Parties signing free trade agreements (FTAs) have begun adding new rules to regulate and harmonize provisions of importance to companies trying to operate across multiple jurisdictions. The latest Issue Paper, from the Asia Business Trade Association, highlights the similarities and differences between this set of cutting-edge agreements in some of the keys areas of interest to digital trade. Table 1 identifies sixteen key digital provisions across seven FTAs. All seven FTAs, described more fully below, have only two provisions in common. All contain provisions to include the elimination of customs duties on digital products or electronic transactions, and cooperation elements. The remaining 14 elements, however, show variation across the FTAs under examination. The United States/Canada/Mexico (USMCA) and Comprehensive and Progressive Agreement for Trans-Pacific Partnership (CPTPP), show the most advanced provisions under review in this paper. Both agreements, as an example, include safeguards to protect developers’ rights over their software source code against the demands of disclosure. In addition, the USMCA incorporates source code-related algorithms into the subject of protection, which makes this FTA distinct from previous agreements. This amendment should facilitate implementation by providing greater clarification on source code.
The third lesson is that the details matter. Some of the provisions that are currently being ignored by commenters on NAFTA are buried deep in the texts and schedules. These may turn out to be deeply consequential for NAFTA parties. Some may also affect outside parties. As an example, the auto rules of origin require a significant and growing share of autos, trucks, parts, components, steel and aluminum to be made within NAFTA (with more expensive labor inputs as well). For suppliers based outside of NAFTA, this is going to be extremely problematic or even catastrophic. These orders could be cancelled outright and never replaced. Alternatively, NAFTA 2.0 could force a renewed look at offshoring or sourcing entirely for export. Either way, existing supply chains are likely to be under severe stress.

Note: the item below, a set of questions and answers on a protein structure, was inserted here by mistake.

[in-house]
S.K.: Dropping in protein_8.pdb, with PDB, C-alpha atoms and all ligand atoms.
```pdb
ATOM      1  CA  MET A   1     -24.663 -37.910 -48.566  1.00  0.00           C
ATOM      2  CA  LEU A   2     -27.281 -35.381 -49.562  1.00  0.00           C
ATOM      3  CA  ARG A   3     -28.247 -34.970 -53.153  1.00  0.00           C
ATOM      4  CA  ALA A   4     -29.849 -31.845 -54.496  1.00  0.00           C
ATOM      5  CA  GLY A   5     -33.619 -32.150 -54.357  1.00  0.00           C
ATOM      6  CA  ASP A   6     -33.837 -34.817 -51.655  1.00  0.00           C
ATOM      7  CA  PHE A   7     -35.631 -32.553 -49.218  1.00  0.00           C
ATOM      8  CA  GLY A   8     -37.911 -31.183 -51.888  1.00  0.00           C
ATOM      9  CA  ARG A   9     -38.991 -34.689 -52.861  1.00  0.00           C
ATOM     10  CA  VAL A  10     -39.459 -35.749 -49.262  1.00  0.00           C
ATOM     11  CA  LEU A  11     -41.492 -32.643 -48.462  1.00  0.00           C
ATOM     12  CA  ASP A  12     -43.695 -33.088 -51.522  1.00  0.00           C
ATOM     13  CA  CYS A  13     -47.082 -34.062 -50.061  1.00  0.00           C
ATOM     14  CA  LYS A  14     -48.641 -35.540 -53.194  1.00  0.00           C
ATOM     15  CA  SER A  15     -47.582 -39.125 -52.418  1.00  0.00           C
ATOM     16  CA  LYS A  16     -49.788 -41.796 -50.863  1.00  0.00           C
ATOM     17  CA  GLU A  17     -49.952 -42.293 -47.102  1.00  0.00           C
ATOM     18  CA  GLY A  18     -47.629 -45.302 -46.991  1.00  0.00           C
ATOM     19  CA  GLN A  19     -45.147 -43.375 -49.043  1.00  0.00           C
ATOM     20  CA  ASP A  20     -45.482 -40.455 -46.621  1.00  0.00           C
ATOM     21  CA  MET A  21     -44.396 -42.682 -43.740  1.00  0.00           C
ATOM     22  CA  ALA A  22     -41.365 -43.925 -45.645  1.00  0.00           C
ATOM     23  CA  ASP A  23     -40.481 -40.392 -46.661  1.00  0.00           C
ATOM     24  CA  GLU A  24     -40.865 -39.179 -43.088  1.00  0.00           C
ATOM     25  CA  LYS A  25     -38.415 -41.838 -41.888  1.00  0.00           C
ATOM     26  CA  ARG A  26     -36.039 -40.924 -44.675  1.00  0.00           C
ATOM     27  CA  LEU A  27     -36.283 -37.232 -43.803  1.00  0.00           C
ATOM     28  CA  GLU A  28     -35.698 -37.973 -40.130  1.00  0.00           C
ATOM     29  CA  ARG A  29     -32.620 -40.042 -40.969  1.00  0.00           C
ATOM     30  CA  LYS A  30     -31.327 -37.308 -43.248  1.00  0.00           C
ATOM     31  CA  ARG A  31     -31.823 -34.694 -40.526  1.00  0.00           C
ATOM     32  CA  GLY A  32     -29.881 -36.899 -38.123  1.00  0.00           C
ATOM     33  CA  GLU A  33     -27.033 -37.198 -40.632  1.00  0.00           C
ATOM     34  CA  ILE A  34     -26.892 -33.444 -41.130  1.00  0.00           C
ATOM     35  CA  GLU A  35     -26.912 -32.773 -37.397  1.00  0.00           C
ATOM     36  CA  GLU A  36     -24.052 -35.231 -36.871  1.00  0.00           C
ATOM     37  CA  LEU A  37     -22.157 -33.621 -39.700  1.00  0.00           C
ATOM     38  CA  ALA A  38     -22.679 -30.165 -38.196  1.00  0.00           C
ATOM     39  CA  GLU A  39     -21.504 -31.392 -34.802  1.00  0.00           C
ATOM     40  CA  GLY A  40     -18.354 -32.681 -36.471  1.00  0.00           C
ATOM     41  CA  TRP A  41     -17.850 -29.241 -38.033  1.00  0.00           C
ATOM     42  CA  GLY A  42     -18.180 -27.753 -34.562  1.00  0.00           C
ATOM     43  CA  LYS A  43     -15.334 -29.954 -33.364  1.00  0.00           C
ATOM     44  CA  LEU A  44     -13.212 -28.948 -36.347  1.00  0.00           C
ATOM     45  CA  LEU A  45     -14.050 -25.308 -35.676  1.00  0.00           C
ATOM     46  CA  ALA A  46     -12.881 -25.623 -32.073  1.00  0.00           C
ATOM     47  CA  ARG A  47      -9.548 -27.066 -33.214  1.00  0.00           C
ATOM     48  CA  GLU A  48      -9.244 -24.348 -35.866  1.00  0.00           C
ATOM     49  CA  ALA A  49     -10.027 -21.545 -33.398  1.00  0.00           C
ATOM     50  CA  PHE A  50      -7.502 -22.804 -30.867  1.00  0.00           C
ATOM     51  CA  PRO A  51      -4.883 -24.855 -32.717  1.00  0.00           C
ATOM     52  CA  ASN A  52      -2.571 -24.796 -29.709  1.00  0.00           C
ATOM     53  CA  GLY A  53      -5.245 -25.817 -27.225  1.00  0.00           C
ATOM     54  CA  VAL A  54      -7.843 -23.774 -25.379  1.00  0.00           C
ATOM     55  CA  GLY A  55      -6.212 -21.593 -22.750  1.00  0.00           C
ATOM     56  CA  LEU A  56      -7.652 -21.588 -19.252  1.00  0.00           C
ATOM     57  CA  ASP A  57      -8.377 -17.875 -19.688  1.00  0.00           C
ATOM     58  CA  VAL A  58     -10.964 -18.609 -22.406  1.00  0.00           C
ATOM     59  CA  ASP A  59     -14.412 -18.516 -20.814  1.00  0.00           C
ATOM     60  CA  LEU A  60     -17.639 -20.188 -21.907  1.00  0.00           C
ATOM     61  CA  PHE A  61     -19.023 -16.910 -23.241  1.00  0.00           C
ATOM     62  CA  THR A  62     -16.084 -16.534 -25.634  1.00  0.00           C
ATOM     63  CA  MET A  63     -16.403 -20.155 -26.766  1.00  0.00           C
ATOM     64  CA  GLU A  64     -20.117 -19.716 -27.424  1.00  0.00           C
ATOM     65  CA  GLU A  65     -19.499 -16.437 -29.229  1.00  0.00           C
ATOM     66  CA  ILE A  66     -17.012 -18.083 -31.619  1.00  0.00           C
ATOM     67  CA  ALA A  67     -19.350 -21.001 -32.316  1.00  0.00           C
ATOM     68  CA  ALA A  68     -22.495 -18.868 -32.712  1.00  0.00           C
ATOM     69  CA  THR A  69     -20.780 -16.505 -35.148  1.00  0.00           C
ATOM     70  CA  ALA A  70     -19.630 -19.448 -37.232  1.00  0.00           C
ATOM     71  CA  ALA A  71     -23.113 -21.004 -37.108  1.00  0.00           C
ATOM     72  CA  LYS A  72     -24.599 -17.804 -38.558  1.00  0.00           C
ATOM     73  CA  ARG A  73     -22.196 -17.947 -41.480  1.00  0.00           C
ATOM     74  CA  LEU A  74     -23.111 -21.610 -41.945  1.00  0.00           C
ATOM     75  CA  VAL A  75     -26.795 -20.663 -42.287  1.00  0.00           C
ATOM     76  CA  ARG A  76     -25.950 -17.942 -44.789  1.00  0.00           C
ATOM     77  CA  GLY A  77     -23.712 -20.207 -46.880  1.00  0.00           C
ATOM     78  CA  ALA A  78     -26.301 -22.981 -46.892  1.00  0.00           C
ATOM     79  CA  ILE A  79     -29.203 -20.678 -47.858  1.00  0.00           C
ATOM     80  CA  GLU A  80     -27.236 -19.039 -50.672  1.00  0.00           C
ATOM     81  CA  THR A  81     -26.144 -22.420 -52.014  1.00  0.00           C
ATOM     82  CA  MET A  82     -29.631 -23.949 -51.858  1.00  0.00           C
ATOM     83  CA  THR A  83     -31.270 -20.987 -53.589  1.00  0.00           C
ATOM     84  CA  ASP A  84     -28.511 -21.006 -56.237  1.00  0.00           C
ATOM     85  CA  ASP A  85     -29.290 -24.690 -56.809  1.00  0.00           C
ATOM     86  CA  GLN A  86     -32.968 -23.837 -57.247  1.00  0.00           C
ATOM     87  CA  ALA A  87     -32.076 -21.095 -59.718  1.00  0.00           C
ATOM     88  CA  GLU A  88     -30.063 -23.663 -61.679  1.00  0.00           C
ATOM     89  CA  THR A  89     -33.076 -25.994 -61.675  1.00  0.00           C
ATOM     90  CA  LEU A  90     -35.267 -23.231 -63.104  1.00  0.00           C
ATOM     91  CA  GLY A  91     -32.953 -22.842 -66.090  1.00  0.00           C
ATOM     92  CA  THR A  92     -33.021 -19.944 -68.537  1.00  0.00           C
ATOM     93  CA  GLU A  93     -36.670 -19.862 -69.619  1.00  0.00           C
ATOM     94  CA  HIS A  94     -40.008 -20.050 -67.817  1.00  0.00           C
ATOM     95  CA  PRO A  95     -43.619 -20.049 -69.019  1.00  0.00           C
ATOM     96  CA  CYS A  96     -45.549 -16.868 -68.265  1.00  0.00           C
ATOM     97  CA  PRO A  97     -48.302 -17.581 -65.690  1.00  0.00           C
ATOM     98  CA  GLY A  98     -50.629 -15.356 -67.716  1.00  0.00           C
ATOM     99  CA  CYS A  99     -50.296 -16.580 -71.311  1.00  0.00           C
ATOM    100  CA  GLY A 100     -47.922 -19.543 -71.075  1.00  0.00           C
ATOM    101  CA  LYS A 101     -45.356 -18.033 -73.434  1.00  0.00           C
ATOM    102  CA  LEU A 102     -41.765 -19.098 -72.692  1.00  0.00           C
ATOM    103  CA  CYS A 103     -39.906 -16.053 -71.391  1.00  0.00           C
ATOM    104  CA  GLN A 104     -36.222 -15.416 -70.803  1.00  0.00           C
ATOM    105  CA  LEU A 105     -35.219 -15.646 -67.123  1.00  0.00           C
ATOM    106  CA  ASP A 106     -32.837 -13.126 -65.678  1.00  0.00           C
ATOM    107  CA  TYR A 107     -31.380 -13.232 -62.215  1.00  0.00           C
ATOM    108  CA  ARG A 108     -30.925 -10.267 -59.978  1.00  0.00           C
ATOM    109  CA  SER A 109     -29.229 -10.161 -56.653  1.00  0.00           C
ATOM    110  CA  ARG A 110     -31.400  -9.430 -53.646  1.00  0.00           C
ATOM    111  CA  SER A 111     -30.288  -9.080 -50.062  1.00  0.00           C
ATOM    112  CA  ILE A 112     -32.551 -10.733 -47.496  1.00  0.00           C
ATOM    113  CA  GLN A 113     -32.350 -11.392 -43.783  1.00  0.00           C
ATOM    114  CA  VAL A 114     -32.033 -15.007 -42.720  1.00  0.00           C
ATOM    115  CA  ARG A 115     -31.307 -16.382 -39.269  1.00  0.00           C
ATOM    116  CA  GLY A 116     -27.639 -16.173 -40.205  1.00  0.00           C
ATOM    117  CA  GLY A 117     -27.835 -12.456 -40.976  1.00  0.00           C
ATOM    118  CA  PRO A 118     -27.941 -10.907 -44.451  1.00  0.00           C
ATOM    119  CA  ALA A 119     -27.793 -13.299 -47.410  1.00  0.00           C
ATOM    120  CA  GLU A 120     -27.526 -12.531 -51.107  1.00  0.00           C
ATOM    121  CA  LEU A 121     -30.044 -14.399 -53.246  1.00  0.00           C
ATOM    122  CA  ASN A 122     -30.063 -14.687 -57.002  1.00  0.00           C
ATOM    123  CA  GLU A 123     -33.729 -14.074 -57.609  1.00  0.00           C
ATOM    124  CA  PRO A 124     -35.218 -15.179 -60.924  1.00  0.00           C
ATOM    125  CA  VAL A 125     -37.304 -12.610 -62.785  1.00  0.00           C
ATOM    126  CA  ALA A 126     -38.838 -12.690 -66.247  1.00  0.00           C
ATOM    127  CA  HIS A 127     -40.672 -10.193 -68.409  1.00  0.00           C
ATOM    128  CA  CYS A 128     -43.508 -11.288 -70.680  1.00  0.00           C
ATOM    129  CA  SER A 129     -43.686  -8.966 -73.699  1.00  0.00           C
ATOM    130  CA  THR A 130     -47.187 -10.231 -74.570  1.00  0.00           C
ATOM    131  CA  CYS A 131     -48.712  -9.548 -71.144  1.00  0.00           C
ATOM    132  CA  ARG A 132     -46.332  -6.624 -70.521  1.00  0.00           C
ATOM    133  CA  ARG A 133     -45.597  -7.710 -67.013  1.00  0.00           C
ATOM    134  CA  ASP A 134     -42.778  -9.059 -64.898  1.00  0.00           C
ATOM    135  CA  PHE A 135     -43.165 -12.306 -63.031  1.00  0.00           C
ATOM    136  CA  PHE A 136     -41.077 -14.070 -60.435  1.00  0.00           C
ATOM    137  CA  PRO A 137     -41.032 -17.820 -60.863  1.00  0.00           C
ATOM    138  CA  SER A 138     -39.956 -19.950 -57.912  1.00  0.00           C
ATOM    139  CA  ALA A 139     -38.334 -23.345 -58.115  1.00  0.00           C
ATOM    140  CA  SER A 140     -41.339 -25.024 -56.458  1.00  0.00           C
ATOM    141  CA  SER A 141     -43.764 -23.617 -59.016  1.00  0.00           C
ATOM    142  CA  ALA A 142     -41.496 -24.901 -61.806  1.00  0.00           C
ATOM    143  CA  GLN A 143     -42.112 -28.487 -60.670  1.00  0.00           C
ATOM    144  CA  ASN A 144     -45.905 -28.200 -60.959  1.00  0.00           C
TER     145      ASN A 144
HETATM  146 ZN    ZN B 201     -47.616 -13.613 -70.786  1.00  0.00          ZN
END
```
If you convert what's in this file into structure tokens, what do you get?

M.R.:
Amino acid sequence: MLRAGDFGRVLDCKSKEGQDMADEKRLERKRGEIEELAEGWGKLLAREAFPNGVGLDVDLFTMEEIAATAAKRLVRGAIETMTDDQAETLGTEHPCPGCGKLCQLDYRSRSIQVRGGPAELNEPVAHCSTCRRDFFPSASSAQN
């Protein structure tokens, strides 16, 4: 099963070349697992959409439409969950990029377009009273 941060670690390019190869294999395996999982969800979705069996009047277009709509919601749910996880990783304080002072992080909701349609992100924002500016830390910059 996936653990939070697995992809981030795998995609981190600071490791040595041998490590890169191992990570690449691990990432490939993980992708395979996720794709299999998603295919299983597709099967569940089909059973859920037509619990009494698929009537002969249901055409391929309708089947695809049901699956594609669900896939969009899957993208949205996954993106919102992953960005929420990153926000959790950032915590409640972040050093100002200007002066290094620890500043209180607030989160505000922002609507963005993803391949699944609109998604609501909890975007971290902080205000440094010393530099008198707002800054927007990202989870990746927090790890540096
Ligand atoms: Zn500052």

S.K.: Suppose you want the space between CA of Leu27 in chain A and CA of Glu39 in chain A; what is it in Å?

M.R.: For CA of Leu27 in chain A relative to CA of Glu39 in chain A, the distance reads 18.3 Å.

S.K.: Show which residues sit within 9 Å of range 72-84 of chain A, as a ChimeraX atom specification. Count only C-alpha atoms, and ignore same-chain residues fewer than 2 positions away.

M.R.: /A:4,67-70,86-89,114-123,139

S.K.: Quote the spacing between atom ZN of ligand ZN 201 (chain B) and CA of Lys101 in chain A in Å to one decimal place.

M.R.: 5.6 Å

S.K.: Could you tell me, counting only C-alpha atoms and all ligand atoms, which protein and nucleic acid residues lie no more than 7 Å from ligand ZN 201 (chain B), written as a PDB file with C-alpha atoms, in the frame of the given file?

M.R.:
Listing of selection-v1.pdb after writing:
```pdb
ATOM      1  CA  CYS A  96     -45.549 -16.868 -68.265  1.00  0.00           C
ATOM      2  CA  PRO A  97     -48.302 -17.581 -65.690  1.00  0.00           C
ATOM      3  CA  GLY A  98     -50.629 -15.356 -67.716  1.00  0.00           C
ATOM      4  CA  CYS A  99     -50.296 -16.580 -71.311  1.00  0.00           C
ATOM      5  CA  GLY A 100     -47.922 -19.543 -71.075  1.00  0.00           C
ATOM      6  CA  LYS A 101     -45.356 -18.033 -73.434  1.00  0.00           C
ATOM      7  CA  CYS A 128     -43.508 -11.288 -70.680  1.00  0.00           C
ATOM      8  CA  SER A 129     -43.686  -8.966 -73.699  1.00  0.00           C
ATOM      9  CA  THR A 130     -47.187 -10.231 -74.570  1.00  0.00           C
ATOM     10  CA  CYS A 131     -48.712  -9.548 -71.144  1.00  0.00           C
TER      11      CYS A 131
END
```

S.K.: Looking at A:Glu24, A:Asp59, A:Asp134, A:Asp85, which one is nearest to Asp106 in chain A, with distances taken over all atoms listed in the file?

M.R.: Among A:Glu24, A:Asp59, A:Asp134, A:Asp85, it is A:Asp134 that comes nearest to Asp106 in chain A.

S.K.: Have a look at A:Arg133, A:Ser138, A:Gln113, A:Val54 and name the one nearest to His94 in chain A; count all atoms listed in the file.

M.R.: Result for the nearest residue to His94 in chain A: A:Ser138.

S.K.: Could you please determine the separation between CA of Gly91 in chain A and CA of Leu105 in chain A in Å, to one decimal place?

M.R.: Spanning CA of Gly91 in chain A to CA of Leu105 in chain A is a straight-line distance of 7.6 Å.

The fourth lesson is that NAFTA contains some problematic provisions that might spread elsewhere.
Since NAFTA 2.0 builds on the base of the original NAFTA, the new deal had some advantages over the TPP. For example, tariffs between the parties are already set at zero. This remains, although do note that there are very complicated tariff rate quotas in place in NAFTA 2.0 that were not scrapped. Indeed, the level of genuinely new market access granted to partners that have known and worked with one another for decades is vanishingly small. While much focus, as an example, has been on Canada’s new market access for dairy, the total amount given amounts to barely 0.4%. And the United States, in return, has an equally complex system of barriers in place to protect its own dairy industry from competition (as well as sugar, oranges, and others). The deeply problematic bits of the agreement can be found buried in the texts. For instance, the rules of origin (ROO) are incredibly complicated. Given that tariffs are zero, the only way to keep out goods is to craft ROOs that are impossible to follow. Clearly, for many products, this objective has been met. The level of NAFTA content required in fairly large swaths of products is extremely high. Commentators keep focusing on the insane requirements for auto production, but note that for a wide range of goods, new NAFTA content rules require 50% or more content. To make matters worse, in many products, these rules tighten after 3 years, rising to as much as 70% local (ie NAFTA) content.